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Screening of Potential Biomass-Derived Streams as Fuel Blendstocks for Mixing Controlled Compression Ignition Combustion
- Evgueni Polikarpov - Pacific Northwest National Laboratory ,
- Goutham Kukkadapu - Lawrence Livermore National Laboratory ,
- Russell A. Whitesides - Lawrence Livermore National Laboratory ,
- Michael Kass - Oak Ridge National Laboratory ,
- Gina Fioroni - National Renewable Energy Laboratory ,
- Lisa Fouts - National Renewable Energy Laboratory ,
- Jon Luecke - National Renewable Energy Laboratory ,
- Derek Vardon - National Renewable Energy Laboratory ,
- Nabila Huq - National Renewable Energy Laboratory ,
- Earl Christensen - National Renewable Energy Laboratory ,
- Xiangchen Huo - National Renewable Energy Laboratory ,
- Teresa Alleman - National Renewable Energy Laboratory ,
- Robert McCormick - National Renewable Energy Laboratory
ISSN: 2641-9637, e-ISSN: 2641-9645
Published April 02, 2019 by SAE International in United States
Citation: Fioroni, G., Fouts, L., Luecke, J., Vardon, D. et al., "Screening of Potential Biomass-Derived Streams as Fuel Blendstocks for Mixing Controlled Compression Ignition Combustion," SAE Int. J. Adv. & Curr. Prac. in Mobility 1(3):1117-1138, 2019, https://doi.org/10.4271/2019-01-0570.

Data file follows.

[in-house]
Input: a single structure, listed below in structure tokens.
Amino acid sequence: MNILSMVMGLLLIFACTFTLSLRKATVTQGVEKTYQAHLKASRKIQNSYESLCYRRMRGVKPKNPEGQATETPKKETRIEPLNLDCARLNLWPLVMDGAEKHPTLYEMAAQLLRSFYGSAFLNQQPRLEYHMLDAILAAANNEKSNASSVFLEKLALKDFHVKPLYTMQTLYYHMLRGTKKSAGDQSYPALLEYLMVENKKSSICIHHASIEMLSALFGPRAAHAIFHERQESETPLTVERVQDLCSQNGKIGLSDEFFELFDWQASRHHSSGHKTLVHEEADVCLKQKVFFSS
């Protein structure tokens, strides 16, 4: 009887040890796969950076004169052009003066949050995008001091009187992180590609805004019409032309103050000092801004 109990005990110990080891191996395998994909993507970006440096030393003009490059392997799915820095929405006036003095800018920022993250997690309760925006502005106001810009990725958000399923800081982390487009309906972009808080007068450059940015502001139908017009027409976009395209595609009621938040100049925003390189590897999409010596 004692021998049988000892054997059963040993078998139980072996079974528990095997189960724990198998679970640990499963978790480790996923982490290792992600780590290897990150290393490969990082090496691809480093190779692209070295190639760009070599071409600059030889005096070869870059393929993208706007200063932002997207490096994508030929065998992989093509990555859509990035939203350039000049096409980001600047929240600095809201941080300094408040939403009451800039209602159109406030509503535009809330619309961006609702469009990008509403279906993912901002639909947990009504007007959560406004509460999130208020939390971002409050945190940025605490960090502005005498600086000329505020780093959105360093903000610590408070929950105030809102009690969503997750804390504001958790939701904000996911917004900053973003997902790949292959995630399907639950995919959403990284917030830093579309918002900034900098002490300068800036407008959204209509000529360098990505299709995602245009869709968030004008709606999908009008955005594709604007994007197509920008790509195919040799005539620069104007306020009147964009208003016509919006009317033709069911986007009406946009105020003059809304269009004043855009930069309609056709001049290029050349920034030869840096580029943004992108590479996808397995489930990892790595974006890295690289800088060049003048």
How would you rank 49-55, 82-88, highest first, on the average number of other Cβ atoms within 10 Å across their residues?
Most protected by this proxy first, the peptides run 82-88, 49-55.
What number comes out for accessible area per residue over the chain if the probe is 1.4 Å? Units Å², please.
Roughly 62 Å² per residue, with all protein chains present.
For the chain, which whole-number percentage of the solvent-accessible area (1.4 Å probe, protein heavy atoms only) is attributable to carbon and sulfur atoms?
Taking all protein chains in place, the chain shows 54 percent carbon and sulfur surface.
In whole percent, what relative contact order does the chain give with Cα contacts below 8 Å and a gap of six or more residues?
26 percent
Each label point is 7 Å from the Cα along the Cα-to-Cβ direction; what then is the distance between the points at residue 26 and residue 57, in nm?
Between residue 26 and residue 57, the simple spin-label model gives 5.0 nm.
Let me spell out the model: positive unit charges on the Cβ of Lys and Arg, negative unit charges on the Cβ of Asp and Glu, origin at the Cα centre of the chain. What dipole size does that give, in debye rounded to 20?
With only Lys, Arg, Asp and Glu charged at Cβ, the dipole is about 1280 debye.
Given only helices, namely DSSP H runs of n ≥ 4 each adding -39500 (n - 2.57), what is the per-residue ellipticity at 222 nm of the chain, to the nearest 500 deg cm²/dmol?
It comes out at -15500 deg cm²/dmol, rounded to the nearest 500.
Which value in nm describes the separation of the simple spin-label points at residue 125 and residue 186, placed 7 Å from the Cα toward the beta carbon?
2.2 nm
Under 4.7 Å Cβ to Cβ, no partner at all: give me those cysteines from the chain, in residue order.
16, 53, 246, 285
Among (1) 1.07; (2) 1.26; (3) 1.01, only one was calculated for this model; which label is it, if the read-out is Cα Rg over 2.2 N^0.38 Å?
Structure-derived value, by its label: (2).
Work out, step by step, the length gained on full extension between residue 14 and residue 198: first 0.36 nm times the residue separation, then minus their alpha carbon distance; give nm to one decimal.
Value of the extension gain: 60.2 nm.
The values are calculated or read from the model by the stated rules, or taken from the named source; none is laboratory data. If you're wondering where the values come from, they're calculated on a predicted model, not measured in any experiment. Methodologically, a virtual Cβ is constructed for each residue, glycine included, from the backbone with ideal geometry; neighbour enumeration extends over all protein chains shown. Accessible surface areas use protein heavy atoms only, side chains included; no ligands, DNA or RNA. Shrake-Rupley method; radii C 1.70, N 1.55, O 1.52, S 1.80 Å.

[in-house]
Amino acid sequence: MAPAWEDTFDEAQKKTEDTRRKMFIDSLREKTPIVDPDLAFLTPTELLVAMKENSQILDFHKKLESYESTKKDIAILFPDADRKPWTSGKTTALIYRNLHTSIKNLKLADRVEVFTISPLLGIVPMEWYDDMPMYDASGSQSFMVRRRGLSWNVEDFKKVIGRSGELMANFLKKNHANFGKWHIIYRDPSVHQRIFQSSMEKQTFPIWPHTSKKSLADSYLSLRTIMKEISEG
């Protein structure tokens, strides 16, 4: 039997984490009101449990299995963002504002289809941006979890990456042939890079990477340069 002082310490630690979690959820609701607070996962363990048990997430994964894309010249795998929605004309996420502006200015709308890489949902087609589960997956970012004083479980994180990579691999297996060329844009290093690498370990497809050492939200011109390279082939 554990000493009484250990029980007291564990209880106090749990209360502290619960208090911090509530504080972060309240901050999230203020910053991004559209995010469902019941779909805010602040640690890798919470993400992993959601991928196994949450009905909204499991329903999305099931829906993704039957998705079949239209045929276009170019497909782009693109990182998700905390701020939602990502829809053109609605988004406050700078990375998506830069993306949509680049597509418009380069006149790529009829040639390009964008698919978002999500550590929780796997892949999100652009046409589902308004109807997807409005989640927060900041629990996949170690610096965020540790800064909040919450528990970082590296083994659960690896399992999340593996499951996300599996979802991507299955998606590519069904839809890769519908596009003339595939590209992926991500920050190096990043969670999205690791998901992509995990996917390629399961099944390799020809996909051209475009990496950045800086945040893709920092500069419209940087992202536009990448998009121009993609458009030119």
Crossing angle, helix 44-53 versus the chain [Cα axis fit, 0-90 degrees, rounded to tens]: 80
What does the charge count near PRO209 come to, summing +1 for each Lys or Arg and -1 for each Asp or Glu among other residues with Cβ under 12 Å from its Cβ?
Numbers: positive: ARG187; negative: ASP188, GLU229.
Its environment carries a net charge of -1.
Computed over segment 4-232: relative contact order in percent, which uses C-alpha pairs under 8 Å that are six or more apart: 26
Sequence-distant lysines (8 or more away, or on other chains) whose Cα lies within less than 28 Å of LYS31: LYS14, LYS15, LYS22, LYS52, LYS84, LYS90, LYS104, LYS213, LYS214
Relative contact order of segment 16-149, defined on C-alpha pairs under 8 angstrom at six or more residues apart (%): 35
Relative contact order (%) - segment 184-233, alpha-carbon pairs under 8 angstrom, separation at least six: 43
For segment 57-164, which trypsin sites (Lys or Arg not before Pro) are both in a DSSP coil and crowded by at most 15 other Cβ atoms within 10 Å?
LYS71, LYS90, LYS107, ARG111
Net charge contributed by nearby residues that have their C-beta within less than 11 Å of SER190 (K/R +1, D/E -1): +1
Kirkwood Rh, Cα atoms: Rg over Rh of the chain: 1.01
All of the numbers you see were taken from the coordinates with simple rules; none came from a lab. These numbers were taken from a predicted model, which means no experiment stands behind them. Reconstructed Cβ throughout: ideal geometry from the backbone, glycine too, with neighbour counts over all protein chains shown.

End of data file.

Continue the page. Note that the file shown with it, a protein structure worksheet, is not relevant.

Mixing controlled compression ignition, i.e., diesel engines are efficient and are likely to continue to be the primary means for movement of goods for many years. Low-net-carbon biofuels have the potential to significantly reduce the carbon footprint of diesel combustion and could have advantageous properties for combustion, such as high cetane number and reduced engine-out particle and NOx emissions. We developed a list of over 400 potential biomass-derived diesel blendstocks and populated a database with the properties and characteristics of these materials. Fuel properties were determined by measurement, model prediction, or literature review. Screening criteria were developed to determine if a blendstock met the basic requirements for handling in the diesel distribution system and use as a blend with conventional diesel. Criteria included cetane number ≥40, flashpoint ≥52°C, and boiling point or T90 ≤338°C. Blendstocks needed to be soluble in diesel fuel, have a toxicity no worse than conventional diesel, not be corrosive, and be compatible with fuel system elastomers. Additionally, cloud point or freezing point below 0°C was required. Screening based on blendstock properties produced a list of 12 that were available as fuels or reagent chemicals or could be synthesized by biofuels production researchers. This group included alkanes, alcohols, esters, and ethers. These candidates were further examined for their impact fuel properties upon blending with a conventional diesel fuel. Blend properties included cetane number, lubricity, conductivity, oxidation stability, and viscosity. Results indicate that all 12 candidates can meet the basic requirements for diesel fuel blending, although in some cases would require additive treatment to meet requirements for lubricity, conductivity, and oxidation stability.